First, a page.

Recent studies on autism and what we know for sure

A couple of interesting articles were published recently on the prevalence of disability in young children and the identification of disability in young children.

First, the Academy of Pediatrics reports that the incidence of childhood disability is actually growing, and while the prevalence of disability is higher among children living in families with low incomes, the rate of growth in the number of children with disabilities living in higher incomes is growing faster.

Then last week, the Wall Street Journal ran a story about how children with autism may be identified as babies. We’ve known for a while that autism can be diagnosed reliably around 2 years old, and that young children who receive therapy tend to do better than those who are diagnosed after they start school. Here at Easter Seals, we want to help EVERY child get a great start in life. We want every parent to feel well equipped with the knowledge of how to help their child learn and grow. And, for young children with disabilities, we have decades of proof that these kids succeed in school alongside their peers when they receive early intervention services. That’s why we encourage parents and caregivers nationwide to take the Ages & Stages Questionnaire. This child development screening tool is available online and at no cost, in English and Spanish, and it helps parents and caregivers track a child’s development through age 5. The survey, which should be completed every six months until the child reaches age 5, helps a parent to know exactly how their child is growing and learning. And we all know that knowledge is power.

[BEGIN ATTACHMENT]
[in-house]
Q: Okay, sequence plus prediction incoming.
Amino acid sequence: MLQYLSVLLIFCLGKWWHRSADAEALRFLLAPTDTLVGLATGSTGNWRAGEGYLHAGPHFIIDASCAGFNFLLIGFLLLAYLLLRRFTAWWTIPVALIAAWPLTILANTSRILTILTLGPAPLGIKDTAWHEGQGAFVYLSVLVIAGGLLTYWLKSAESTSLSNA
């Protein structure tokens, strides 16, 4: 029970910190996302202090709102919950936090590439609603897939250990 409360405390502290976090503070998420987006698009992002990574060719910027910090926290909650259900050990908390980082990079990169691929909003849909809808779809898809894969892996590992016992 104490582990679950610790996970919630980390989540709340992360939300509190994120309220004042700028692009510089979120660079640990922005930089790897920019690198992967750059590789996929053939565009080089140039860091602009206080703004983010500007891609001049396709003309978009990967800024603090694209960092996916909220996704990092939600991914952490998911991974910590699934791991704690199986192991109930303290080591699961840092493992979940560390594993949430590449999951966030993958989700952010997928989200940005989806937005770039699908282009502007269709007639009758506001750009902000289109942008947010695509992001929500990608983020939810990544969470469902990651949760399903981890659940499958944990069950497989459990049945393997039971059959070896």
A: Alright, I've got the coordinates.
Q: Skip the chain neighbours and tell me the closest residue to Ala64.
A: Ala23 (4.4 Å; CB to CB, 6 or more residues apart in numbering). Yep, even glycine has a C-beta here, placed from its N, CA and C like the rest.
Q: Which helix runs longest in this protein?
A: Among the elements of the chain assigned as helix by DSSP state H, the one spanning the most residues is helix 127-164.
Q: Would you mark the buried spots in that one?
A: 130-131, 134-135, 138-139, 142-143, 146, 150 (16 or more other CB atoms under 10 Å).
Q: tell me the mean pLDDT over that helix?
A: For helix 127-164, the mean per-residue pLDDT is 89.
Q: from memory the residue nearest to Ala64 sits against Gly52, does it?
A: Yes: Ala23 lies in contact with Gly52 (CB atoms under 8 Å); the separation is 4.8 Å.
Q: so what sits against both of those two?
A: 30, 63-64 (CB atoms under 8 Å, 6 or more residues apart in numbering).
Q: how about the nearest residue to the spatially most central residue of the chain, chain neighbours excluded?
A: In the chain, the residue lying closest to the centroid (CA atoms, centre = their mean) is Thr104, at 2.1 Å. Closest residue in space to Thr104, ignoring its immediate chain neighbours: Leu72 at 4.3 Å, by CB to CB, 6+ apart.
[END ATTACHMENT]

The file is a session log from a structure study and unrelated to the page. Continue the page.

The jury is out on why there are more young kids with disabilities and why the prevalence of autism continues to grow. But, armed with the right information, services and supports, young children can learn and grow and be hugely independent and successful adults.

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